Paul Crowther

Phenomenologies of Art and Vision: A Post-Analytic Turn

Paul Crowther, Phenomenologies of Art and Vision: A Post-Analytic Turn, Bloomsbury, 2013, 195pp., $120.00 (hbk), ISBN 9781441119735.

Reviewed by Jeffrey Powell, Marshall University

Paul Crowther adds this to his already impressive list of books treating the history of aesthetic inquiry. As much as anyone working in the aesthetic arena, he has managed to build a resume that has especially treated virtually all of the major figures in aesthetics from the 20th and 21st centuries, including proponents from both the continental and analytic traditions. This, his most recent book, attempts to assess both traditions as a whole by focusing on very specific figures -- Wollheim, Heidegger, Merleau-Ponty, Lacan, and Dufrenne -- and to then make a marriage of what he deems to be the strength of each tradition. From the continental side of the equation, Crowther applauds the phenomenological and post-phenomenological emphasis on the ontological import of the aesthetic object. From the analytic side of the equation, he wishes to draw from what he sees as the analytic talent for the construction of arguments. Each tradition, according to him, suffers from a weakness in the strength of the other tradition. The synthetic unity of the strength of each tradition is to give rise to Crowther's "post-analytic vision" provided in the title.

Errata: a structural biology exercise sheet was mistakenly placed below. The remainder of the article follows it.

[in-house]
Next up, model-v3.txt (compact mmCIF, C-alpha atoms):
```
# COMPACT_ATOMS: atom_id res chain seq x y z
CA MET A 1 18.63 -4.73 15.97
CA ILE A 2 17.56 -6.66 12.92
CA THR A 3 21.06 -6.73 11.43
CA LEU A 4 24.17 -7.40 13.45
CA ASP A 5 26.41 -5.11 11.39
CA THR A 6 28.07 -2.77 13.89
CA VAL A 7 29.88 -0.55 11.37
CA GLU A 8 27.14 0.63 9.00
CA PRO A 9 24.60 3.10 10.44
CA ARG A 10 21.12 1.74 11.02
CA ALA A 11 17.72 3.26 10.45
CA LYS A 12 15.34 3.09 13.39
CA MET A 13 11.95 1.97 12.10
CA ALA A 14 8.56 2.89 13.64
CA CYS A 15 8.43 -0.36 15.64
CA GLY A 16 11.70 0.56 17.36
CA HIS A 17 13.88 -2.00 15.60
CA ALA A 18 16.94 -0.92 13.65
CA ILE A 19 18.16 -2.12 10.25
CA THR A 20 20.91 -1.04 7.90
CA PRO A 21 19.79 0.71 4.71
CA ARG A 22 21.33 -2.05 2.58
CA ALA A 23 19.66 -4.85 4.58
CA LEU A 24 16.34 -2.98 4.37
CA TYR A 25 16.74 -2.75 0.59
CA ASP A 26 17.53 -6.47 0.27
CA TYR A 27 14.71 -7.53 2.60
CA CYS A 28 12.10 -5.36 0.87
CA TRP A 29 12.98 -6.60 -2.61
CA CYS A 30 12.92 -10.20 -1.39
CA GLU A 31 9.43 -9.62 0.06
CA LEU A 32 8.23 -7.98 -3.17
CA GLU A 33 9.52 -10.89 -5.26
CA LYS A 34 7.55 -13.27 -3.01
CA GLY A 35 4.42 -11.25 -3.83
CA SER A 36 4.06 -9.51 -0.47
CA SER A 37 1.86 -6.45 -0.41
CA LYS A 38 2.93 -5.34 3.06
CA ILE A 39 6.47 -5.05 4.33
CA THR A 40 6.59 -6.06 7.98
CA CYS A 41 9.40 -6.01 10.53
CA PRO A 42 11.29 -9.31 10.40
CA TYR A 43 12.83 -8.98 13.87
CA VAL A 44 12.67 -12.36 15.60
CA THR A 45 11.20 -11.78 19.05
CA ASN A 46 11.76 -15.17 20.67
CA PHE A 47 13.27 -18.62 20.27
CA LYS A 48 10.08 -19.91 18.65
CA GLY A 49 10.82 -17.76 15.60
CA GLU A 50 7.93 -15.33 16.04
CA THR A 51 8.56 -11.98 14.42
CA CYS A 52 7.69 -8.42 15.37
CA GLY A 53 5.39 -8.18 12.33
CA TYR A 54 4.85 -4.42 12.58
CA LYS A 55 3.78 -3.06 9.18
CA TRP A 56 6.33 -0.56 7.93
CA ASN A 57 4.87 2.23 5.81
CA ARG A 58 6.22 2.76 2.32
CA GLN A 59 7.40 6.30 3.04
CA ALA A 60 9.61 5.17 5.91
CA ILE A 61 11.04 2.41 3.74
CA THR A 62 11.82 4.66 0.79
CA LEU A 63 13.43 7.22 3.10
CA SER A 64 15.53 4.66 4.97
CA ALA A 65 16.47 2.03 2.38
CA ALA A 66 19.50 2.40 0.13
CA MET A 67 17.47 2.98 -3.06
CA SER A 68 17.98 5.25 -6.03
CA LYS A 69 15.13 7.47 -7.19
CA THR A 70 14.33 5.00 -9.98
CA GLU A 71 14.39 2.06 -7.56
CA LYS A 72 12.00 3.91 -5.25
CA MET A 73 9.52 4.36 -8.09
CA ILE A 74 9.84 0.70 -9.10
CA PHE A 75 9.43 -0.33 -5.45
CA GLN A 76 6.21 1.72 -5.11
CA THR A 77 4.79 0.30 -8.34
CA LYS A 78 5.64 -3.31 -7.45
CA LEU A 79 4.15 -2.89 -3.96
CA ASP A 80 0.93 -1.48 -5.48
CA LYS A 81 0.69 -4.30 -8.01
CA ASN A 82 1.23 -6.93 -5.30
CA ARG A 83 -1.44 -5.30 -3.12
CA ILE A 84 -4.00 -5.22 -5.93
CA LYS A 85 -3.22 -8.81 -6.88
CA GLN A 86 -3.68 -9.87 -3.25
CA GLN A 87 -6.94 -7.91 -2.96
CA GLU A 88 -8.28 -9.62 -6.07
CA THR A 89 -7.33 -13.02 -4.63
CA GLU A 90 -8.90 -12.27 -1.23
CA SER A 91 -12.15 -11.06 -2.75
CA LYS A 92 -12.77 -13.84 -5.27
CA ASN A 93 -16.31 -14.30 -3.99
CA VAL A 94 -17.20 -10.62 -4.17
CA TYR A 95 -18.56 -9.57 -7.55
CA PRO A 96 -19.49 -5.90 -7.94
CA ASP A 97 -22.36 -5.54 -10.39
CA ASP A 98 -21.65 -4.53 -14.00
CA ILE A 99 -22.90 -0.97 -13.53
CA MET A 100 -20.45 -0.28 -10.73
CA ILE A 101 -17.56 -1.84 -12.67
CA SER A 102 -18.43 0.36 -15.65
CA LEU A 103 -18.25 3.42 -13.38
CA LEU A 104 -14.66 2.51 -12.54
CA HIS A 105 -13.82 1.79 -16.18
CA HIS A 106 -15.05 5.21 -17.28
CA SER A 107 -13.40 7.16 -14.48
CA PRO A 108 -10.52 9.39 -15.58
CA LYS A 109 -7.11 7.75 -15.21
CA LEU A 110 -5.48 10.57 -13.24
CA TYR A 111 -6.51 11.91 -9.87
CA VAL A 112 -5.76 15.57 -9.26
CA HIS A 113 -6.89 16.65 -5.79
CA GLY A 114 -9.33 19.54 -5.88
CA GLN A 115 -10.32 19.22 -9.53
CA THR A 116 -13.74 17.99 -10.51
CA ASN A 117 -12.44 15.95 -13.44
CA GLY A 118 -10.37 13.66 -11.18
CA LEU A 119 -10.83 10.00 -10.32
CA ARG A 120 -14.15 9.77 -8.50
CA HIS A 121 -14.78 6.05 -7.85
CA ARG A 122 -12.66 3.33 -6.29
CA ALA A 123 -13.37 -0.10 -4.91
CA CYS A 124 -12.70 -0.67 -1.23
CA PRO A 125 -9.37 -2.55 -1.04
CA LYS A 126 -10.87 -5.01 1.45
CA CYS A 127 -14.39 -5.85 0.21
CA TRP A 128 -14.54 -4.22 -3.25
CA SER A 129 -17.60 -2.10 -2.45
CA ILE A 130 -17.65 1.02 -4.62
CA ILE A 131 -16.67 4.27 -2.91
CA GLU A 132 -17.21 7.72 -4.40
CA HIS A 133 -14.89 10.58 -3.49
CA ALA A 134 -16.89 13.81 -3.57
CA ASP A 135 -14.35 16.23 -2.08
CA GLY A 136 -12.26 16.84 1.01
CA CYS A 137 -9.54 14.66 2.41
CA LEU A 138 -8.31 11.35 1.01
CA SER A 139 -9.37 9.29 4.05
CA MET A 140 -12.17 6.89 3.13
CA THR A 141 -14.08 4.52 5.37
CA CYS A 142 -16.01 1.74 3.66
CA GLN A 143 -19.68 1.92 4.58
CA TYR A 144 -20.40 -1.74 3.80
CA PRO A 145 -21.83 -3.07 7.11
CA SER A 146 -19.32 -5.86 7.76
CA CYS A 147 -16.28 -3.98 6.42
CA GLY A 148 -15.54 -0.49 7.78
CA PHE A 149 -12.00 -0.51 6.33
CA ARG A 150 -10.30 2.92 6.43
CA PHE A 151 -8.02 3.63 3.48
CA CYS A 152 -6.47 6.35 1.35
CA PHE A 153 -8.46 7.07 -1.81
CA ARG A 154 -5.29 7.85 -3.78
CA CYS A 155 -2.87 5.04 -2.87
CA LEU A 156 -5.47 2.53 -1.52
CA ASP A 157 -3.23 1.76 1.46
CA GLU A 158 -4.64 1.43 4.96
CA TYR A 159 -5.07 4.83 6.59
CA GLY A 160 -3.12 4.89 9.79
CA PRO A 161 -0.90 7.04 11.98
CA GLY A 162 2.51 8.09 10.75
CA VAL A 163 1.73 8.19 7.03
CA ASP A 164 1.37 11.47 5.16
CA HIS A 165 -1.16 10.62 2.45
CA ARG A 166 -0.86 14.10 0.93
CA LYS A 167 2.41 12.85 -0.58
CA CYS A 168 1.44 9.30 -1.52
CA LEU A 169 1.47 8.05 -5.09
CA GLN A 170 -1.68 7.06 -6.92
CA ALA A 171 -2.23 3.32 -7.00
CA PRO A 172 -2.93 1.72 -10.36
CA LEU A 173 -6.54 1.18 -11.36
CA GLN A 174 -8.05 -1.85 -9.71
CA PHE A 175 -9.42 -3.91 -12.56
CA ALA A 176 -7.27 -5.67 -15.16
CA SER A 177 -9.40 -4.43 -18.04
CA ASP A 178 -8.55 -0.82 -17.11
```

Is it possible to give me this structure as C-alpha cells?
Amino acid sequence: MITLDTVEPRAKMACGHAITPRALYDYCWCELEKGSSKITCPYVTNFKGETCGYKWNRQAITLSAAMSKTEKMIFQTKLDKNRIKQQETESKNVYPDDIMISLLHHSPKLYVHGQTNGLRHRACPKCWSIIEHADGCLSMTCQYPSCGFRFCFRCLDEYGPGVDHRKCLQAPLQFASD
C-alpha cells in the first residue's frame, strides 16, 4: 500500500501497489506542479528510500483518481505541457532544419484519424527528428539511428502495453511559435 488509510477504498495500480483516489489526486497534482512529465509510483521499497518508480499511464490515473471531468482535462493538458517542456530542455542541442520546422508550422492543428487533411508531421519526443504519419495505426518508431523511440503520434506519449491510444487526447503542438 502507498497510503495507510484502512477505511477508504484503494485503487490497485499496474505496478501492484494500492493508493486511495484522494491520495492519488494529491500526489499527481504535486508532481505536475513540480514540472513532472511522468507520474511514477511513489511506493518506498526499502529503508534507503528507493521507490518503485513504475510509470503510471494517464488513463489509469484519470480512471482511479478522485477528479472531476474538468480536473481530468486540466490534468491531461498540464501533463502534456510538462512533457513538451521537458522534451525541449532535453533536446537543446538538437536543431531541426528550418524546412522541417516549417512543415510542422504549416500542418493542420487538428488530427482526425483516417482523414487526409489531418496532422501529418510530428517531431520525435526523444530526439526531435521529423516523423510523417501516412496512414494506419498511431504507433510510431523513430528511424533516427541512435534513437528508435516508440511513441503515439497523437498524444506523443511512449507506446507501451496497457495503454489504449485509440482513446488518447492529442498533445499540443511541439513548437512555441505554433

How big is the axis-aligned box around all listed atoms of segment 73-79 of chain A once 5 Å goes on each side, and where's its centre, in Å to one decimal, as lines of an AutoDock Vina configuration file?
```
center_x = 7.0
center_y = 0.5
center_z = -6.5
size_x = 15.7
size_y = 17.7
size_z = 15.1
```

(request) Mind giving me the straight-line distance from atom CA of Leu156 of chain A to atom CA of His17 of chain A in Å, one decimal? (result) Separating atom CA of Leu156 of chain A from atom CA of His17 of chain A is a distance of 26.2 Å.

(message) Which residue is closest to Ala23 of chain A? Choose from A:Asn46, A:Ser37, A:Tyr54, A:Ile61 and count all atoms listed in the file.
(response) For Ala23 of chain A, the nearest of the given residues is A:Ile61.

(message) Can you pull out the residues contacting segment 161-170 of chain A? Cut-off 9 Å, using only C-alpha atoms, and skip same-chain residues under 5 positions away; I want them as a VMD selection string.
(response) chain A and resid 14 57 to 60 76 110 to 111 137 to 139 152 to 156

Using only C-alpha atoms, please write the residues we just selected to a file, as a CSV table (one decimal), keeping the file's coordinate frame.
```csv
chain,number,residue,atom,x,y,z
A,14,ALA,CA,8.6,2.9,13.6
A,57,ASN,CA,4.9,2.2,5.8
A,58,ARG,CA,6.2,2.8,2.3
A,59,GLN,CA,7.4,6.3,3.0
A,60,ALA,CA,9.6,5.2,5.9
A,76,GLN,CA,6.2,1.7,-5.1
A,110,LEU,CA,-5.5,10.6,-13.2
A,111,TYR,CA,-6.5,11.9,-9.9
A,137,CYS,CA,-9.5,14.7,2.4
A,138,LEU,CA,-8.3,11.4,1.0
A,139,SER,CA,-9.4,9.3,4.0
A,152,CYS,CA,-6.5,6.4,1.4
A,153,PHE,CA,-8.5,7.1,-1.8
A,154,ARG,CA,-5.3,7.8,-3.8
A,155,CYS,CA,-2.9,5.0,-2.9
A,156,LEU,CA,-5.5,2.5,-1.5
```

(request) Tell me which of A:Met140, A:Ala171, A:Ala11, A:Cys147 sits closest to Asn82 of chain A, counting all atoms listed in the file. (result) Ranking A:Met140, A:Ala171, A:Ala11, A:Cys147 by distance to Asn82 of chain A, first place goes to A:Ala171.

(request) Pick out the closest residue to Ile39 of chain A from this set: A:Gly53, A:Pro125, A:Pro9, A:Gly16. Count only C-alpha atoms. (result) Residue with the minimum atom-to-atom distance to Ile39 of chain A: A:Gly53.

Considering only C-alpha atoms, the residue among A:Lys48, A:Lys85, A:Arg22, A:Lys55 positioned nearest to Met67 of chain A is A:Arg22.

Crowther begins his study through an analysis of Wollheim's more subjectivist aesthetics, and as the first and only representative figure of the analytic treatment of aesthetics. One might argue with his choice of Wollheim, but this choice has to be justified by what Wollheim offers over figures previously treated in Crowther's other works.

Crowther devotes his first two chapters to Wollheim and to his own critique and subsequent extension of Wollheim. In his presentation of Wollheim, he draws attention to twofoldness in Wollheim. Twofoldness accounts for a perception of the surface of the work of art while also seeing something "in" the surface. In perceiving the work of art, seeing-in is obviously bound to twofoldness. The cause of such twofoldness is the intention of the artist, and the external descriptions of the work of art are judged to be either true or false, correct or incorrect, to the degree to which they correspond to the artist's intentions. However, abstract art, or at least a great deal of it, poses a challenge to such correctness and its corresponding criteria. Cowther thus builds on Wollheim by replacing "seeing-in" with "seeing-as." Whereas "seeing- in" is reliant on the intentions of the artist, "seeing-as" recognizes "the fatal dimension of ambiguity in respect of what exactly one can see in" (31) the abstract work of art, it recognizes the various seemingly contingent aspects of works of art that might be selected by the observer. What is more, what is selected goes beyond or behind any appeal to intention, but rather gets framed by a virtuality to which the work of art belongs simply by being determined as a work of art. Although Cowther does not reference Rancière here, it would seem that his sense of the virtual is itself being framed by what Rancière calls the "distribution of the sensible" (le partage du sensible). Crowther describes this in the following way: "to be recognized as works of art in any terms . . . raised by conventional picturing" (34). Instead of Rancière, Crowther prefers to relate this to what Merleau-Ponty called the invisible and which Crowther further explores through his own expression: transperceptual space (see especially 35-44).